On July 17, 2023, the California Supreme Court took up Justice Sotomayor on her invitation, and issued its highly anticipated opinion in Adolph v. Uber Technologies, Inc. In Adolph, the California Supreme Court held that an employee does not lose standing to maintain a representative PAGA claim in court when arbitration is compelled on the individual PAGA claim. While the California Supreme Court recognized the U.S. Supreme Court said otherwise in its 2022 decision, the California Supreme Court reiterated that it is the “final arbiter” of state law, and is not “bound by the high court’s interpretation of California law.” The California Supreme Court concluded that when a plaintiff has filed a PAGA action comprised of individual and representative claims, an order compelling arbitration of the individual claims does not strip the plaintiff of standing to litigate non-individual claims in court.
Based on Adolph, if an employee entered an arbitration agreement with the employer that encompasses their PAGA claim, the employee could be compelled to arbitrate the individual PAGA claim in arbitration, while also still maintaining standing to pursue the representative PAGA claim in court.
As many employers in California are aware, representative PAGA claims – which are often brought on behalf of all current and former hourly employees that worked in the state – can be complex and costly. However, this does not mean employers are now left with no choice but to litigate meritless representative PAGA claims in court when an employee entered an enforceable arbitration agreement.
The California Supreme Court offered employers some welcome guidance in Adolph as to a manner of proceeding that may be practical with respect to litigating PAGA claims. Specifically, the Court acknowledged that a trial court “may exercise its discretion” to stay the representative PAGA claims pending the outcome of the individual arbitration. The Court further noted that if the arbitrator determined the employee was not an “aggrieved employee” under PAGA and the trial court confirmed this determination and reduced it to a final judgment, then the employee “could no longer prosecute his non-individual claims due to lack of standing.” Thus, an employer may not necessarily have to litigate a representative PAGA claim in court if the employer can first demonstrate in arbitration that the employee at issue lacks standing to proceed as an aggrieved employee. Employers with arbitration agreements should consider the impact of Adolph when it comes to how, and where, PAGA claims will be litigated in California moving forward, and will want to take all of the steps necessary to ensure they are compliant with California’s wage and hour laws.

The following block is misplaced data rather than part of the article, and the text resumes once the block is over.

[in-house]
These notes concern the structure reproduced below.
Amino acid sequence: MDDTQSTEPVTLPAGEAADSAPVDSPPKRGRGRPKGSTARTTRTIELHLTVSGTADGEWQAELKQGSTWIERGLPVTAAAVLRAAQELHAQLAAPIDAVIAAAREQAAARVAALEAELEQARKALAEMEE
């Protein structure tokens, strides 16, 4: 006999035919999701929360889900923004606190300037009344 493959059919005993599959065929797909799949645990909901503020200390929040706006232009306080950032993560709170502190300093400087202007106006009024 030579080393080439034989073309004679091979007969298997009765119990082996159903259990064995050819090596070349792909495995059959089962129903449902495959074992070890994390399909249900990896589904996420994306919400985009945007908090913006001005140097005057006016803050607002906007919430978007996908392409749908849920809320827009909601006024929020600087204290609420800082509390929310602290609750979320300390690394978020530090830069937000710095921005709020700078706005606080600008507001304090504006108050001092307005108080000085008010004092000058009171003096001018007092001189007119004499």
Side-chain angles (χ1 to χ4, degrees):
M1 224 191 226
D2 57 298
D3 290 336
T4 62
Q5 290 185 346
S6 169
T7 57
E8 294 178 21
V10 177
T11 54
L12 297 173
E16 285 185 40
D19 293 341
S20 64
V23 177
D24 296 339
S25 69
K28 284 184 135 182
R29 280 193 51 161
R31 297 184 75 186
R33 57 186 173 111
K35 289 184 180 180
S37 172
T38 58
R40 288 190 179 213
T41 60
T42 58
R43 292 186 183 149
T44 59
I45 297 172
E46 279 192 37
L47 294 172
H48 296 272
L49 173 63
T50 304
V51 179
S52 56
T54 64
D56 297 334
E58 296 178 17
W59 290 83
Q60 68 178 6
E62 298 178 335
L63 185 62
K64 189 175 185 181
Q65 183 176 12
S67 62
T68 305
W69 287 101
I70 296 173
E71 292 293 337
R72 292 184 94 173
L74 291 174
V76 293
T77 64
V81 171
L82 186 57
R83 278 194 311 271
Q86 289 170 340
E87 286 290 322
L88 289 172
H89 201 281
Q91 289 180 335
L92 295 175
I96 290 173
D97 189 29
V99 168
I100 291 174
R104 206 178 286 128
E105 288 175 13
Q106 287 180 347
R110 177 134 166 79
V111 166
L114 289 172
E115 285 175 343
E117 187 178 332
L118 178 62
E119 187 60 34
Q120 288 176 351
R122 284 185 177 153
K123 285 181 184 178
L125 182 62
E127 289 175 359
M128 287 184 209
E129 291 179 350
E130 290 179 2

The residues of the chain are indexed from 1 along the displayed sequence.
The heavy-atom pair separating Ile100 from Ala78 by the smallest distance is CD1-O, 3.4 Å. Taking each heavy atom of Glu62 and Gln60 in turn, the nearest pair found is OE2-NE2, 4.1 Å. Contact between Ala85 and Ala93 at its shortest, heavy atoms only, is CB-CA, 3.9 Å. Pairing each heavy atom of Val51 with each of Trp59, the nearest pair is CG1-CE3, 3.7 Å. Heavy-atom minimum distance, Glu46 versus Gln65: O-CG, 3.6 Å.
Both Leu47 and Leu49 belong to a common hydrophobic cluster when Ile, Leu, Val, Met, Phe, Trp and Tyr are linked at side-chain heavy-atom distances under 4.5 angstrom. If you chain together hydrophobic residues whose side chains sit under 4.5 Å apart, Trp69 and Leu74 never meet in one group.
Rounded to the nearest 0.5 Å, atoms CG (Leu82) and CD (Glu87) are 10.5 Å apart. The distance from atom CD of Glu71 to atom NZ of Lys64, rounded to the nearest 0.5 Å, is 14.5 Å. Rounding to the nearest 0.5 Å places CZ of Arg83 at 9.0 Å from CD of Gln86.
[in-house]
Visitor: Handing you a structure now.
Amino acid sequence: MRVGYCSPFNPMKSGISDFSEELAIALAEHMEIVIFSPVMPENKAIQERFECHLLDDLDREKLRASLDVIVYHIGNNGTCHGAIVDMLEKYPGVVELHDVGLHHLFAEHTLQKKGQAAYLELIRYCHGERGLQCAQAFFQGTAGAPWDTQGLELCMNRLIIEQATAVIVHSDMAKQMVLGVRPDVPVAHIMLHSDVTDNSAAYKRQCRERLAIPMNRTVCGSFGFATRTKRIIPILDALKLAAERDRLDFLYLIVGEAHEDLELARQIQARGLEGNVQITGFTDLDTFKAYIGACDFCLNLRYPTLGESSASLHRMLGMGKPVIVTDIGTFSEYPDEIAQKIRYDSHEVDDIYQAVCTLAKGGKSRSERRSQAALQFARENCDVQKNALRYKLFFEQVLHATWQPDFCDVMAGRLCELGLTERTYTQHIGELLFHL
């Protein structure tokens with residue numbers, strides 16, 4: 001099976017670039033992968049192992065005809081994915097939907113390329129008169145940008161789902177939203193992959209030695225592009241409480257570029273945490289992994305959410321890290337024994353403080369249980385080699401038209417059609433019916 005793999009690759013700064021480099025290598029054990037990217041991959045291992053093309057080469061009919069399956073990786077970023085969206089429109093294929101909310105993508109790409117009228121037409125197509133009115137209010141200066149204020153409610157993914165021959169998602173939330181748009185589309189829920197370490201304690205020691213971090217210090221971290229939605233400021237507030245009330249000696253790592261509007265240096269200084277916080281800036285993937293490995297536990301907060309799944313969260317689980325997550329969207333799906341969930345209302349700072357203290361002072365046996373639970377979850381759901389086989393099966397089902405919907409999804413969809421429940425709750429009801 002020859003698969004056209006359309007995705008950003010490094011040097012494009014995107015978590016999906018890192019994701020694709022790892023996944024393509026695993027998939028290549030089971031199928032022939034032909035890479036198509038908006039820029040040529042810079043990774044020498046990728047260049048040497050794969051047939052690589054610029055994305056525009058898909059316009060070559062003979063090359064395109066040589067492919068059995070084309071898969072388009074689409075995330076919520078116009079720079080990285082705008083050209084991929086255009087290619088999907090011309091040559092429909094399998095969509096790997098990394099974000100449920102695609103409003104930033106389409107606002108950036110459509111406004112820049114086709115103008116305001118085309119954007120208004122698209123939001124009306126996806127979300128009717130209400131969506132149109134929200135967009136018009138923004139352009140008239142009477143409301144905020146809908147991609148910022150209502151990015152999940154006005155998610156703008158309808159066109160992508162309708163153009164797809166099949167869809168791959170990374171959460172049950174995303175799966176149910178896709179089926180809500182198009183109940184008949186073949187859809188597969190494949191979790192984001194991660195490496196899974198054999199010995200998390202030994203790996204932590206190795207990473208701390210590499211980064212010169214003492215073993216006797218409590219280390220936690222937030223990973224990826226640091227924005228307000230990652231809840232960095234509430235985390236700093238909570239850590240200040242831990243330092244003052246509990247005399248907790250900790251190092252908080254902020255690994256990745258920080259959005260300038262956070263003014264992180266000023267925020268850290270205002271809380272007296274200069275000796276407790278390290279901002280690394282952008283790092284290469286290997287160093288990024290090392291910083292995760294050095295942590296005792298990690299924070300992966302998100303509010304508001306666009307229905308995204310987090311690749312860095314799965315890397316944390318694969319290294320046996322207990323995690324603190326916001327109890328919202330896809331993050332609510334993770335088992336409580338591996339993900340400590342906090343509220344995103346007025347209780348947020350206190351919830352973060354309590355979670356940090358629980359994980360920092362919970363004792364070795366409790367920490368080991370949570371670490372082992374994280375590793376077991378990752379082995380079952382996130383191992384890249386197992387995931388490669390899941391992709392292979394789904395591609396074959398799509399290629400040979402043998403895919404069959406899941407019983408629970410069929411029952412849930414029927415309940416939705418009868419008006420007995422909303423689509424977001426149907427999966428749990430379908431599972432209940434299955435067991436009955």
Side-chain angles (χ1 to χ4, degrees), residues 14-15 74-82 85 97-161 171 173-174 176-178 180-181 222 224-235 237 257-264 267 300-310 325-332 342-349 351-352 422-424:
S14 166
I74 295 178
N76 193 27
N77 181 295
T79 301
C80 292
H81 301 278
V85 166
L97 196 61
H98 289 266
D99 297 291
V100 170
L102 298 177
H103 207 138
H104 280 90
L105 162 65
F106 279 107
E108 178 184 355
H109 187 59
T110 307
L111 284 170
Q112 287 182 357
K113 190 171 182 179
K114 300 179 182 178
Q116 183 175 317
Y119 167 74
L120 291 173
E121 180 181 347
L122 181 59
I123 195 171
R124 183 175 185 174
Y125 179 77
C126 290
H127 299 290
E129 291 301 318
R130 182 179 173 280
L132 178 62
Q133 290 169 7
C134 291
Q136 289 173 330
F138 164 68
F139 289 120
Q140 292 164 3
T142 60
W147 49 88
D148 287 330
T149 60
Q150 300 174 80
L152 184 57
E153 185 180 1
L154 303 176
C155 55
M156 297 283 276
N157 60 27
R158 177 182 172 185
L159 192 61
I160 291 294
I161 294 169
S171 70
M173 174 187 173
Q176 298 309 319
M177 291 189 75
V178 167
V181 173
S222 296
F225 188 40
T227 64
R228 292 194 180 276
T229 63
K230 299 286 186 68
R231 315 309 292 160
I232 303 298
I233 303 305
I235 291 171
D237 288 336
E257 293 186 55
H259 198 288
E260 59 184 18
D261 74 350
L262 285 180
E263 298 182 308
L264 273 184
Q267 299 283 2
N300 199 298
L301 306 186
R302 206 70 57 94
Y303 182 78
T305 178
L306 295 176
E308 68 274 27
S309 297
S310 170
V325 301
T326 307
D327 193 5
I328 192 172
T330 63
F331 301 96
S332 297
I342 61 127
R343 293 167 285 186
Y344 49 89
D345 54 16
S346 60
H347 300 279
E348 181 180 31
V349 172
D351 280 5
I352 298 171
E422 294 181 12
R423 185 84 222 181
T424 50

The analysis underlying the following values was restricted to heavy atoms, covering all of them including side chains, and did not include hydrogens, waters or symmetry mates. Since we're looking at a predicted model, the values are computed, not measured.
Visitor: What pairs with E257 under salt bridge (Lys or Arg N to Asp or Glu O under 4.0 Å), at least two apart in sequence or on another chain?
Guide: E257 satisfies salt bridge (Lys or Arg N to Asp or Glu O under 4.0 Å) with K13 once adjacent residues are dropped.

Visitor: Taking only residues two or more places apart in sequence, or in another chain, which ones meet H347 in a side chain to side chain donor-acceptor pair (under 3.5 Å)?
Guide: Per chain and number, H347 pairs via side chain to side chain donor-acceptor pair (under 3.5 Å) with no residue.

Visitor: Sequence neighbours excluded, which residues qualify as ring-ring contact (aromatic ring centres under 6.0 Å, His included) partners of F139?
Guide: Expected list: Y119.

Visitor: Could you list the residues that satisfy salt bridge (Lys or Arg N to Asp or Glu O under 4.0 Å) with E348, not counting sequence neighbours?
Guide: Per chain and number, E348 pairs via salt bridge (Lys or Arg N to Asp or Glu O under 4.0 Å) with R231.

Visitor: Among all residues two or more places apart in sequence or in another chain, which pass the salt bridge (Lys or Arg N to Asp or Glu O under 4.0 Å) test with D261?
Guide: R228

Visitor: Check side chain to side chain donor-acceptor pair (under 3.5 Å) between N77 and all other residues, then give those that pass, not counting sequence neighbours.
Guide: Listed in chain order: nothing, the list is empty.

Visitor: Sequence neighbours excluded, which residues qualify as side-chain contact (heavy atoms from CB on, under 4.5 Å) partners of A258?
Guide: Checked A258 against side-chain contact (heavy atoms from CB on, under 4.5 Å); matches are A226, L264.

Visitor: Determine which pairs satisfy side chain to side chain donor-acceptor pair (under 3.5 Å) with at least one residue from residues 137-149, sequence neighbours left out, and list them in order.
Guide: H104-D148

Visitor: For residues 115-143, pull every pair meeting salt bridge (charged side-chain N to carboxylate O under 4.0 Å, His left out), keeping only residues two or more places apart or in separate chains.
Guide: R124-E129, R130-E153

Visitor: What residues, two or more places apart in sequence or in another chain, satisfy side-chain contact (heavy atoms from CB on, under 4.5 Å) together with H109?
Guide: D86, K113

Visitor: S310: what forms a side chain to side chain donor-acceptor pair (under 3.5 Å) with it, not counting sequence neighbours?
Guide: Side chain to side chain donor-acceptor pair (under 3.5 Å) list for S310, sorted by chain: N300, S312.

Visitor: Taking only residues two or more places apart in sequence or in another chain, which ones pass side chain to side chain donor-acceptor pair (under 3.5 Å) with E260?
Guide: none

Ballard Spahr regularly advises and defends businesses with California employees in litigation involving state and federal wage and hour issues, including under PAGA, and frequently works with clients in drafting and enforcing arbitration agreements.